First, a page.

Well, thinking CE marking is not conceived for racing boats, but for the recreational market, where most of cruising boats are short handed and boats should look after their crews, in my humble opinion, I think it's worrying that some boats can be labelled as Category A, taking into consideration they have what has been commonly understood for many years, among designers, NA’s and boat owners, as 'cruel' and even dangerous ratios and parameters. Those boats are too stiff by all means, with a low motion comfort ratio, too high accelerations (And so quite punishing for a short handed crew) and with Capsize Safety Factor well above 2, widespread considered a safe limit.

In my opinion STIX provides not enough information about the seaworthiness of a boat (It was never intended to be a clue to this, but this idea is spreading around quickly) and may even be a tricky and dangerous number. Seaworthiness is a complex matter, involving stability, all around scantlings, quality of movements, and a long etc.

I think manufacturers/designers should at least be obliged to publicize the STIX Factors and not only the number itself (Which is not even mandatory!). And even better, publish also the 'old' ratios and parameters, for the people to have a more complete view and understanding of the boat.

Rolf Eliasson (One of the fathers of the STIX number) himself expressed some serious concerns about the STIX number and how it finally 'came to life', in the aforementioned article. He even suggested minimum STIX for Categories A and B should be 40 and 28, instead of 32 and 23 as it is now. But even rising the level provides not enough guarantee as to define a boat as seaworthy, as we could see per numbers above.

Again in my opinion, most probably a great pressure from modern mass (and light) boats producers (and their designers) was put into the process. Those manufacturers produce very nice boats for Club racing and coastal cruising in fair weather (what most of users do) and fun to sail, but of course they want not many of their models to be obliged to be labelled as Category C, what they should be in most cases.

Long range racing is quite a different thing (with full trained crews aboard), than family oceans crossings so, in my opinion, CE Category's assigning criteria should be revised and adequate to the RCD’s own reason of existing. If racing is intended, a new special Category or Note should apply in addition to the ‘familiy’ Category.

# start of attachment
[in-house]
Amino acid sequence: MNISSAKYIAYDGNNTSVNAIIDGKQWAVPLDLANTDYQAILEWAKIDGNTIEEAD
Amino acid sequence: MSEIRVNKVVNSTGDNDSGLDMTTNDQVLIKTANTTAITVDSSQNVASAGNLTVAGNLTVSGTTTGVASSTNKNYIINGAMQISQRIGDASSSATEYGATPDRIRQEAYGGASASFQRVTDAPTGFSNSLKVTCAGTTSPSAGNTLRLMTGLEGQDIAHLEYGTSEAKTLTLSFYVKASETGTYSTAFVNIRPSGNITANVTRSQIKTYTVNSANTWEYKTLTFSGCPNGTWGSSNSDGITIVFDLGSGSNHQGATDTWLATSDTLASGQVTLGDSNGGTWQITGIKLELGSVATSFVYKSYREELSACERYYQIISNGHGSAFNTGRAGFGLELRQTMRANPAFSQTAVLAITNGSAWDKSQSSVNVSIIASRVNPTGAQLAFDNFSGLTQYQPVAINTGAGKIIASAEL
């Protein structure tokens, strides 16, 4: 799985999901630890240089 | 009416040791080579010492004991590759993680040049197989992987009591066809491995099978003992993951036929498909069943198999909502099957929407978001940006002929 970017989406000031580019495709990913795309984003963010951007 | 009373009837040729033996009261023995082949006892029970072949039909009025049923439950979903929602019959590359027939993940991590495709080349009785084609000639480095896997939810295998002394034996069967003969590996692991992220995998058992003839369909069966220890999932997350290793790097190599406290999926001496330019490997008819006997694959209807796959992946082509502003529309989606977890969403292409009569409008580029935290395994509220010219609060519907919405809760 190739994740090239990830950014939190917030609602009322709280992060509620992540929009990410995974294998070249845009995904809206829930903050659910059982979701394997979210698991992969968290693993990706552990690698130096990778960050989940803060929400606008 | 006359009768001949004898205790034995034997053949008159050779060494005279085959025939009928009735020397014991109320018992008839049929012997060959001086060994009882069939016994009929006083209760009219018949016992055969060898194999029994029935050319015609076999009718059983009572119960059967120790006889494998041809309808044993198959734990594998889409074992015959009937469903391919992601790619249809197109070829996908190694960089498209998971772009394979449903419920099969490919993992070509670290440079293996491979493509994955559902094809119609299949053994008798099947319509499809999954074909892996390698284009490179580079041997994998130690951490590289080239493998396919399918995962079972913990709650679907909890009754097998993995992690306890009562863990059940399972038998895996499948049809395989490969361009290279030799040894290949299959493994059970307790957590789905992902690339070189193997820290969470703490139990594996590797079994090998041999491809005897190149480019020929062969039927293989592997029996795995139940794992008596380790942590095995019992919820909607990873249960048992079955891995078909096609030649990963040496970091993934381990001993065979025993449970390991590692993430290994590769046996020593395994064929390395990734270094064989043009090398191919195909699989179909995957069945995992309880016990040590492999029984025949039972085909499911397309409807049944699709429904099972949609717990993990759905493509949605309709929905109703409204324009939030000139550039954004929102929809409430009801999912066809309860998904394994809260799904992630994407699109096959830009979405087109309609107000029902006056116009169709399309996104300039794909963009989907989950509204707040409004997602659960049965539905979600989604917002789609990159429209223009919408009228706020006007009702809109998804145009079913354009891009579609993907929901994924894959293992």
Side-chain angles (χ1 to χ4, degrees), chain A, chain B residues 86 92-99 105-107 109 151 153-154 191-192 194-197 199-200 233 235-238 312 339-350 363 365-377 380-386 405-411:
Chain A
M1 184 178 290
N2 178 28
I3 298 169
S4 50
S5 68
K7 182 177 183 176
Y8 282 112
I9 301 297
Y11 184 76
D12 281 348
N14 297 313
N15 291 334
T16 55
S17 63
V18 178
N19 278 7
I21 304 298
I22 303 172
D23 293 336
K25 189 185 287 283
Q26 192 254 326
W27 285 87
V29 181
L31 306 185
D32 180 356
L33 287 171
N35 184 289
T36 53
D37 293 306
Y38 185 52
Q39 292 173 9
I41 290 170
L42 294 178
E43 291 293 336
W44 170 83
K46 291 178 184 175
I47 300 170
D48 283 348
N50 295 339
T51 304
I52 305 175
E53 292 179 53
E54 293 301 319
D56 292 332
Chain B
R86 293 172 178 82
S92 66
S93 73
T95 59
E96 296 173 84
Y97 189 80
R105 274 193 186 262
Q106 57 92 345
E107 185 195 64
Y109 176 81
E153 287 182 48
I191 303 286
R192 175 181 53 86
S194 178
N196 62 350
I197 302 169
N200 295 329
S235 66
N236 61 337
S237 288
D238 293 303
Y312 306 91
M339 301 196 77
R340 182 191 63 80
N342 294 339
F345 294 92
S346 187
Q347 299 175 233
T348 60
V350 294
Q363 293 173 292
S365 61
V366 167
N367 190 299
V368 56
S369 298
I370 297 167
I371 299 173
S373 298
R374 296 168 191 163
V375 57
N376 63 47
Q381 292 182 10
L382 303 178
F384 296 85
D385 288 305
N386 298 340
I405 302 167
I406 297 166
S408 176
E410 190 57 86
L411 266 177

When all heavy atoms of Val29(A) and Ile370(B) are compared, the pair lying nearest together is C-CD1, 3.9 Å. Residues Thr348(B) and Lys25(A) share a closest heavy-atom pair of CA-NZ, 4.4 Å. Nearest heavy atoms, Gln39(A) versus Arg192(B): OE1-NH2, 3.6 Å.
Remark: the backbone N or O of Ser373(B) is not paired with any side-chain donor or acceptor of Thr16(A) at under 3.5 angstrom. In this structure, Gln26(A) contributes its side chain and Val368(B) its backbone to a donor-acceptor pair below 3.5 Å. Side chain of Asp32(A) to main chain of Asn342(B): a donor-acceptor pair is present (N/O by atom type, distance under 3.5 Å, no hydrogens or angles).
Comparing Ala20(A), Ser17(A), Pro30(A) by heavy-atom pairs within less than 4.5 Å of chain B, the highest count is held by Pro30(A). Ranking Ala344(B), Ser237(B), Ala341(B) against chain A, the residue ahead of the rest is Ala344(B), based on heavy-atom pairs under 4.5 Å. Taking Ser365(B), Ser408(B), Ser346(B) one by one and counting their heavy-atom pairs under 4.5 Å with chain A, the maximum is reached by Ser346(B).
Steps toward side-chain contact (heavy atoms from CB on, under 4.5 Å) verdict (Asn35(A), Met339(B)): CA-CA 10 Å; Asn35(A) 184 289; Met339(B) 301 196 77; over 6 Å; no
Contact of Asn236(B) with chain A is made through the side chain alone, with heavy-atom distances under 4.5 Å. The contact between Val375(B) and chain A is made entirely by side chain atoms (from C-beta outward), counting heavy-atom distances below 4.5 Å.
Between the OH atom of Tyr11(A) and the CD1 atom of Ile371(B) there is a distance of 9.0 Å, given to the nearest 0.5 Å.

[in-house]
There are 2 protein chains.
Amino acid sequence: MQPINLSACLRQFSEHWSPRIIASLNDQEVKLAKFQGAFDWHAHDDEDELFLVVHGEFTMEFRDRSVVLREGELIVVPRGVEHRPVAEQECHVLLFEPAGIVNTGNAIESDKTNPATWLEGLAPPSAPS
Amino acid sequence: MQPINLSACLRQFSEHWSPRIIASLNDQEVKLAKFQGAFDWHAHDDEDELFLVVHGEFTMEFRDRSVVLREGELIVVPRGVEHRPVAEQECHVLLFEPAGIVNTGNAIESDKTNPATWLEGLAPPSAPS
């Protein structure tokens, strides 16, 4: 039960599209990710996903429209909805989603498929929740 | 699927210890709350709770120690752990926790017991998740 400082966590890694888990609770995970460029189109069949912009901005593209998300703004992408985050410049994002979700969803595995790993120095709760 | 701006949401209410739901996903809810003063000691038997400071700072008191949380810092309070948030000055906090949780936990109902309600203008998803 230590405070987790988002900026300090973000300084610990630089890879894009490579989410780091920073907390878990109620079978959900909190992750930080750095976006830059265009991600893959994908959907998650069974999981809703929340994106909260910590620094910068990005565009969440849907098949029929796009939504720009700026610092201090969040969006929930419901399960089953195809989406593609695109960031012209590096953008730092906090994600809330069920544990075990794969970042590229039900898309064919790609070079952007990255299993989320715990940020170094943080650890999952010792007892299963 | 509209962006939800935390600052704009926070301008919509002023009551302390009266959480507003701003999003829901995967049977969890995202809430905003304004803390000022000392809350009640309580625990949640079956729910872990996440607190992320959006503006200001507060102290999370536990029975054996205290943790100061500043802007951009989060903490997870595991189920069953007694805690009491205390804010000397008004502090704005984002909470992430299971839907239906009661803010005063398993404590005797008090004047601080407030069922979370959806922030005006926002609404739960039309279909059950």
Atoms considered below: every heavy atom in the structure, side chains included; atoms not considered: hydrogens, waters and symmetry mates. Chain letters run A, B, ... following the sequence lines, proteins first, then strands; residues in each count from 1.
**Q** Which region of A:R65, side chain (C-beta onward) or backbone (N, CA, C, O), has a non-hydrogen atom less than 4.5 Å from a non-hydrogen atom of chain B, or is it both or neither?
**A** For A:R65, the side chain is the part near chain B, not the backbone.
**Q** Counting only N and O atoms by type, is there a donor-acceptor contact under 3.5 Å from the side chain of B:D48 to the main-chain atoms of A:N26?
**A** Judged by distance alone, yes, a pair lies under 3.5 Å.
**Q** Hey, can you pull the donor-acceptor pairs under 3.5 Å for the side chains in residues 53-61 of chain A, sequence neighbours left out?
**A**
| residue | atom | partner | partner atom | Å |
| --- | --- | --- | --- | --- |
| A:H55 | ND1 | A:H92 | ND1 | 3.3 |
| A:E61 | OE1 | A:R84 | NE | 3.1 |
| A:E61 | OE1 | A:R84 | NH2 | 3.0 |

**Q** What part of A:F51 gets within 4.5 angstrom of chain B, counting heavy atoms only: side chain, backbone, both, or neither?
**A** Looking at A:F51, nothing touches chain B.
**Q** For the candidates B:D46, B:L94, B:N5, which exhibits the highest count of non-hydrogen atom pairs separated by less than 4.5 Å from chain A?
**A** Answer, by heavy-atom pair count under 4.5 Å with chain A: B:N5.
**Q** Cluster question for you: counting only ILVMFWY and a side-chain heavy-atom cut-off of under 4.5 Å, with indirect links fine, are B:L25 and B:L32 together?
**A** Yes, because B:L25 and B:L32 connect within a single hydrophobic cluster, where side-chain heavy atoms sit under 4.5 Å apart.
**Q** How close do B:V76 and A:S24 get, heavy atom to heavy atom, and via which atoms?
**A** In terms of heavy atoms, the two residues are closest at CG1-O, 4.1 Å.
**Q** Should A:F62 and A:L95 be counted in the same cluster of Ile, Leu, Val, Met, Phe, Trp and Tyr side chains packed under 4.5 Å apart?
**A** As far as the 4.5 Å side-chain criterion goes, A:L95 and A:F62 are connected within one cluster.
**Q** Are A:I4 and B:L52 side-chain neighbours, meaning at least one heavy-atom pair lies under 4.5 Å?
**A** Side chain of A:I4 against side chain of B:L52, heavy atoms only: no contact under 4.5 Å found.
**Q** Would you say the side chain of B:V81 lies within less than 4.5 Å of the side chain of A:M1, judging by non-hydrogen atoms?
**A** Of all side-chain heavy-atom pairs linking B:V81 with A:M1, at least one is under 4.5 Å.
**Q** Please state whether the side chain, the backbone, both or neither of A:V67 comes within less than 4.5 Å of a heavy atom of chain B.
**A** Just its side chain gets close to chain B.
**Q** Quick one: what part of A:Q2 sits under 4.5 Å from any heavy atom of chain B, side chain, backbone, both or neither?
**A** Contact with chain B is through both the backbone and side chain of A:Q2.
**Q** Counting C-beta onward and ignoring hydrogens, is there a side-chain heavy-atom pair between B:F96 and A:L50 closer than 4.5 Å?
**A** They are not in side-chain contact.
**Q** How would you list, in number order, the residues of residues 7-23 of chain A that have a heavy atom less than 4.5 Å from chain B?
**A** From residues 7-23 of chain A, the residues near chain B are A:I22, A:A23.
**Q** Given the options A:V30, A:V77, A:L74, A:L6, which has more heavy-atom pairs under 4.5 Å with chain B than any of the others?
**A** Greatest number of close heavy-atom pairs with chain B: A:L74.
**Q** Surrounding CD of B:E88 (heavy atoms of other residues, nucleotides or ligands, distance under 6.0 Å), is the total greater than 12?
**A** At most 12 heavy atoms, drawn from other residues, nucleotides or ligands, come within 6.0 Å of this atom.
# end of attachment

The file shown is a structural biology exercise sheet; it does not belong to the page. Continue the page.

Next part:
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Old 01-05-2007
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Sailing dog:

“I doubt anyone has the STIX ratings published, as much will depend on how you have the boat loaded and rigged, and where you have supplies and equipment stowed”.

Hellosailor:

"Can anyone point me to a URL listing various boats and their STIX ratings, so I can get an idea of which rates for what?"

PCP:

Sorry for taking so long in repling, but I don’t have been around this Forum.

The stix doesn’t change that much with the boat loaded, unless you load it over the Maximum load capacity. Anyway now they have to show the calculations for two STIXs, One in the minimum loading displacement and the other in the Max loading displacement. Normally the difference is not bigger than 1 point.

I will post my opinion about the STIX, as posted in another boatforum and some others more relevant as well as a short list with sailboat’s STIXs.


STIX:

STIX it is an evaluation for an existing Yacht about its stability and seaworthiness. It is intended not for professional, but for the common user, just to give him a correct idea of the seaworthiness of a given boat.

It is in that sense that RYA says that: “just the same way it is mandatory for the fuel consumption of all new cars to be published…that stability information should also be available to a buyer of a boat”.

STIX is only an easily understandable index (but found through a complicated calculation that takes into account a lot of different stability factors) that is in my opinion, the most sophisticated stability screening tool available.

Certainly very superior to the old Stability Indexes, that in many cases were very misleading and were not unified. I mean, you needed to take a look at several to have an idea of the boat, and many times a wrong idea, mainly with modern deep drafted bulbed yachts.

Don’t get me wrong, it is not a perfect tool, (only the best until now).

Personally I take a look at the STIX for having a general idea, but my evaluation is done independently by the analysis of the RM curve and done by a close examination of the boat (and I mean not a virtual one), with answers about the way it is built and the kind of materials that are used. Special incidence in the way the keel is fixed to the boat, about the rudder and about the hatches and all the “glass” surfaces and the way they are secured to the boat. Not that these are the only important points, but if special care is taken with these ones, there is a good possibility that all the others are well taken care of.